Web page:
Poetry and Paris

Here’s another piece of mine from the Goteborgs Posten in English from last year.

A great sadness in my young life was to have missed Paris in the Fifties: those existentialists sitting morosely in the Deux Magots (did Beckett really pour a glass of beer over his head without showing any sign of emotion, and continue simply to sit drenched at his table?), the Beats hanging out stoned and anarchic at Shakespeare & Co. I got there as fast as I could, aged 16, but everyone I had in mind had gone, and all I found was a very attractive Portuguese painter and too many cockroaches in my hotel room to cope with.

At twenty I tried again and spent half a year in Paris, mostly with American students and refugees from the Vietnam draft, staying in a perfectly rundown hotel on the Left Bank where many of the Beat poets had previously stayed. They had existed on crusts and washing-up jobs. I wrote a film script, washed a couple of floors (badly), gave English conversation lessons and typed up an English translation of a dreadful novel set in sixties’ London. I lived up to Paris’s image: I was full of angst, young, broke, smoking dope, reading poetry and philosophy in cafes, arguing about books and movies, and rattling around in the city that echoed time, literature and revolution with every breath I took, in a way that London just couldn’t for me. My romantic months.

In 2011 I went to Paris again – almost for the first time since then (a couple of brief visits intervened, but not memorably). This time I tagged along with the Poet (my live-in…oh well, husband) to a three-day conference called ‘Legacies of Modernism: The State of British Poetry Today’.  Let me explain, since my early twenties I have understood that the world is a better place for me not writing poetry. The Poet is always trying to see my juvenile verse, but it’s tucked away behind decades of clothes in the attic which only someone as small as a grandchild will ever get to. I’ve read poetry, quite a lot, but I don’t feel I’m up to its challenge. I don’t really know what poetry is, what it’s for or why exactly poetry is poetry. This makes living with the Poet quite interesting.

When he isn’t teaching 20th century literature at Cambridge, he writes the kind of poems which, and is engaged with the kind of poets who, refuse to allow themselves to be easily classified. He taught an MA course called ‘Reading Difficult Poems’ which includes such writers living and dead as: Ezra Pound, W. S. Graham, Frank O’Hara, Charles Olsen, John Ashbery, J. H. Prynne, Tom Raworth, Veronica Forest Thompson, Keston Sutherland… poets many of whom you, like me in my pre-Poet days, may well not have heard. The term ‘difficult’ is used somewhat ironically and pedagogically: difficult until you are prepared to think very hard about how to read them. But after years of life with the Poet I remain an outsider even as a reader: too scared or lazy to think that intensely.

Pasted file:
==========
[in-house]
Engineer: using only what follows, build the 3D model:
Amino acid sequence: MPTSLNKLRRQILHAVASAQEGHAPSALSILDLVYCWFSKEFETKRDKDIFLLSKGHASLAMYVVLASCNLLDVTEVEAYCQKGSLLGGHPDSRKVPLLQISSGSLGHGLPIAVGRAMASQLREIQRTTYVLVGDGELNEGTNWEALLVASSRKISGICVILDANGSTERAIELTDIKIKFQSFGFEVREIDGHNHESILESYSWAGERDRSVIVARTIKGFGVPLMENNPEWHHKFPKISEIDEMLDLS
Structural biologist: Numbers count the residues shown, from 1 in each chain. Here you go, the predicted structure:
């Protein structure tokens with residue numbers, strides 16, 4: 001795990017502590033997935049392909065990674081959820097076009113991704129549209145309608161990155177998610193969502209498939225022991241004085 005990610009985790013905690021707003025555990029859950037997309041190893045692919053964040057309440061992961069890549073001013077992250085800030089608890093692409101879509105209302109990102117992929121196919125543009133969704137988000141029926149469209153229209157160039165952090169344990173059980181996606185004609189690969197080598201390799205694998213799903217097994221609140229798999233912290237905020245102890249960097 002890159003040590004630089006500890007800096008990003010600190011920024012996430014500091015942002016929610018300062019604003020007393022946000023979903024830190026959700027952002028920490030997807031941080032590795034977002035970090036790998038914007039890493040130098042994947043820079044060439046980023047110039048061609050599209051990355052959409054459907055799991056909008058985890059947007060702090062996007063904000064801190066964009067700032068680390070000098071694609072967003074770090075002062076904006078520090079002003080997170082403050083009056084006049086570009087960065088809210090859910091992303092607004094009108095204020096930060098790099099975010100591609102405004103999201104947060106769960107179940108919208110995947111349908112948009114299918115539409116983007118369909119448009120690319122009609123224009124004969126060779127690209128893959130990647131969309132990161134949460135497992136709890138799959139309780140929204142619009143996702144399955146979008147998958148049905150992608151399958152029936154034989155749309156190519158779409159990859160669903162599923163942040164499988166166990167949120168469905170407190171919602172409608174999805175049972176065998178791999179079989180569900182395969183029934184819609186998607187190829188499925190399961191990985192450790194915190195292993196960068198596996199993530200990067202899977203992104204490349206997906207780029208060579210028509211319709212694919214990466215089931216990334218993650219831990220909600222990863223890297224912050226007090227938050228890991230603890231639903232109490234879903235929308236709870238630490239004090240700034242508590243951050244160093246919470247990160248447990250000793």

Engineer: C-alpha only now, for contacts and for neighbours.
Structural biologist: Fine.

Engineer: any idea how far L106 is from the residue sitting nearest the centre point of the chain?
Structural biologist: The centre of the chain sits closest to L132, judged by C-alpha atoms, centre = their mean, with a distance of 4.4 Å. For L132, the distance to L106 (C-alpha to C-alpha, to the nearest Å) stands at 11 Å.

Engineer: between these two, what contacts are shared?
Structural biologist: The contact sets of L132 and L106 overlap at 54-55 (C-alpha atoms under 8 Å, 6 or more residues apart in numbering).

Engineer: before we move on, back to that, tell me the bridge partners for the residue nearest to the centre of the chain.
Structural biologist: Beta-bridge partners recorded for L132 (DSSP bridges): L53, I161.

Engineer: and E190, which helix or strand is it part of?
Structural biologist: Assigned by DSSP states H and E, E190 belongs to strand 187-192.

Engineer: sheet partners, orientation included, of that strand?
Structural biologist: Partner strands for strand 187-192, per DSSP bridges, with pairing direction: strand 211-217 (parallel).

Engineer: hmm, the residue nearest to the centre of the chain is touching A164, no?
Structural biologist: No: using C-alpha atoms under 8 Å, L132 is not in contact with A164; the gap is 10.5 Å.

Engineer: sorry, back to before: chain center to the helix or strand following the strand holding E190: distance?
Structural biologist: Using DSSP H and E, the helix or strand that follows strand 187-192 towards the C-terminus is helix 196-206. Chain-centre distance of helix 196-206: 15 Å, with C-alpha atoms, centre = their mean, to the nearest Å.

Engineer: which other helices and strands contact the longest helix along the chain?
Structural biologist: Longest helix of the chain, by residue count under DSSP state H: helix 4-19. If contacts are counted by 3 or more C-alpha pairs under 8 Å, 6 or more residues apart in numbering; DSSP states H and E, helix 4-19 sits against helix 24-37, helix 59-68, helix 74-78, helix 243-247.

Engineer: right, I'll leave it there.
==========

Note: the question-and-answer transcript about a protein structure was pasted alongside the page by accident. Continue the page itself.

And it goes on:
The Poet rages about the pointlessness of popular poetry – by that he mean what most people think of as modern poetry: the established poets published by large publishing houses who constitute the judges and winners of poetry prizes, or who are made Poet Laureates. The acceptable face of poetry, that offers easily recognisable emotions and subjectivity in uncomplicated forms, and wants to make itself immediately accessible. The Poet’s poets, the difficult ones do something else, although I’ve never been quite clear what. At a Christmas party in London, before I went to the conference, I was raged at by a poet of the other kind who berated the Poet and his sort for inaccessibility, elitism, for not giving people what they want. Mr X was even crosser about the Poet’s poets than the Poet is about Mr X’s popular, easily palatable sort. So much crossness, and me a kind of idiot on the sidelines not knowing what to make of it all as poetry, but inclined generally to think that popularity is not likely often to produce the kind of intense commitment to the investigation and writing of either poetry or prose that I so admired about those in Paris in the 1950s.

When I was coming up to my sixtieth birthday, the Poet started wandering around the house, opening and closing the far too many books on the shelves, muttering and generally being very annoying. It was a poem he said, a project. That was all he would tell me. Why don’t you sit down and write it like regular poets do, preferably with a quill pen, I said irritated by the mystery. The mystery was solved on my birthday, when he presented me with a lengthy poem, along with a minimalist drawing that I had admired in a local gallery, of a simple bisected rectangle, something like a window – pencil on white paper. The poem was called 60 Windows For Jenny. It consisted of 60 lines he had found with the word ‘window’ in them, on page 60 of 60 books. A great piece of research, and when read, a stunning poem that had grown to be itself out of the almost but not quite arbitrary choices from the words of others. Straightforward, simply understandable, obviously narratological it wasn’t, but compelling and thrilling it was. Not that I got it. Help me, I said. I don’t know, he said. So annoying. You must know what you’ve done and why, I insisted. Why, he asked.